Employment Law Brief | October 2018

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Published: 9th October, 2018

If you have any questions about any of the issues raised below, or want to give us your feedback on the new design please don’t hesitate to contact Liz Henry or James Austin

LCF Law | Employment Law Brief | October 2018 | Job Search imageWhen is giving notice not a resignation?

In order for a resignation to be effective it must be clear and unambiguous i.e. both parties must understand that it was intended to be a resignation. In East Kent Hospitals University NHS Foundation Trust v Levy, L was employed as an assistant administrator.

She applied for a role in another department and received a conditional offer. Following an incident with a colleague she handed the hospital manager a letter stating “Please accept one month’s notice from the above date”. She then received a letter accepting her “notice of resignation”. The offer of the new role was subsequently withdrawn. L tried to retract her resignation but was told she could not and her employment came to an end.

L brought a claim for unfair dismissal. The Employment Tribunal decided that L’s letter could have been either a resignation from her role as an assistant administrator (in preparation for the new role with the Trust) or a resignation from the Trust entirely. On that basis they held it was not ‘clear and unambiguous’ so she could not be deemed to have resigned from the Trust. The Tribunal also stated that even if that were not the case the circumstances showed the letter was intended as an acceptance of the new role not a resignation from employment. Accordingly she had been dismissed. The Employment Appeal Tribunal upheld the decision.


What might Brexit mean for work immigration?

On 18 September 2018, the Migration Advisory Committee published recommendations for post Brexit immigration including:

    • Making it easier for high skilled workers than lower-skilled workers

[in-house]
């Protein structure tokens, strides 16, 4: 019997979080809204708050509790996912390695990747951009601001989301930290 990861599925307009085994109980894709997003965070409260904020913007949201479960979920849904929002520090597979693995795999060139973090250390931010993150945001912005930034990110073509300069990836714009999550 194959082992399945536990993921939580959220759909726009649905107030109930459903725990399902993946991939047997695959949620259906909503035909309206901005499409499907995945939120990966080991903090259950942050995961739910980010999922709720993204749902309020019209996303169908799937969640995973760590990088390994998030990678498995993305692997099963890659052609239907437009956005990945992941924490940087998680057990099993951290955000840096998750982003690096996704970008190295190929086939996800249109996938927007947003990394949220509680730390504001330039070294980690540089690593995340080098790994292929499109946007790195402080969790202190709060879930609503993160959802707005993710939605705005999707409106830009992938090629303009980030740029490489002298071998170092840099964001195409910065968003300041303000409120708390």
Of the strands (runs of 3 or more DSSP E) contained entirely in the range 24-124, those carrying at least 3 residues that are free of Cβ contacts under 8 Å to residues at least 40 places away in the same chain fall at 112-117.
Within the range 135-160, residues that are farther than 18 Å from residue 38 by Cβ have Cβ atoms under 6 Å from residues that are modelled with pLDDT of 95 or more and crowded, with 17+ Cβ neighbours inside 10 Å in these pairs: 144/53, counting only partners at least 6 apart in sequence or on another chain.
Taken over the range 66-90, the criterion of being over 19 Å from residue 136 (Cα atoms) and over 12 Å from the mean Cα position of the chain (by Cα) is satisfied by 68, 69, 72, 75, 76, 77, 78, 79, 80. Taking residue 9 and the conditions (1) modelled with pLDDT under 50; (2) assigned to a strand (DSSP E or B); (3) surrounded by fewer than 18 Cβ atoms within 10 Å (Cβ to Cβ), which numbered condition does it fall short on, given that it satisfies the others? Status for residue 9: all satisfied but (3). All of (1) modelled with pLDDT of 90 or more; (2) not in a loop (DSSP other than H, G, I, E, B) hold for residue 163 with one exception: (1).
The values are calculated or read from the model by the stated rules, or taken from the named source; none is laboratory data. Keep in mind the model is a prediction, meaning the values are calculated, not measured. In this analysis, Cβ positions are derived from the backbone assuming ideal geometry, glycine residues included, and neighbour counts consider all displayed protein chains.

• No preferential treatment for EU citizens
    • Abolishing the cap on sponsored work “visas” under Tier 2

    As with all things Brexit, we don’t yet know whether these recommendations will be accepted.


    LCF Law | Employment Law Brief | October 2018 | Stats imageMore statistics

    The Ministry of Justice has published tribunal statistics for the period April to June 2018.
    During that period disability discrimination cases had the largest average award (£30,700). Religious discrimination claims had the lowest average award (£5,100) and the average award for unfair dismissal awards was c.£15,000.
    Obviously these figures are only for cases resolved at the Tribunal and don’t take into account settlements reached between the parties.


    National Minimum Wage report

    The Government has published a report on national minimum wage compliance and enforcement in 2017/2018. The report states:

    • Between August 2017 and July 2018 nearly 700 employers were “named and shamed” for underpayments
    • The Government focused on enforcement in specific sectors over this period including social care, retail and the gig economy
    • £15.6m of underpayments were identified

    Public Concern at Work, changes its name to Protect

    Public Concern at Work (now Protect) is a charity which supports whistleblowers. The charity is often mentioned in whistleblowing policies. If it is mentioned in your policy you may want to change the name.


    LCF Law | Employment Law Brief | October 2018 | Ballot Box imageFree shares for employees

    And finally…. This one probably hasn’t escaped you: Shadow chancellor, John McDonnell, has unveiled plans to require companies with more than 250 employees to put 10% of its equity into inclusive ownership funds for workers. This would result in the workforce having voting rights in companies’ decision making as well as receiving dividends. Labour has calculated 40% of the UK’s private sector workforce would be affected.


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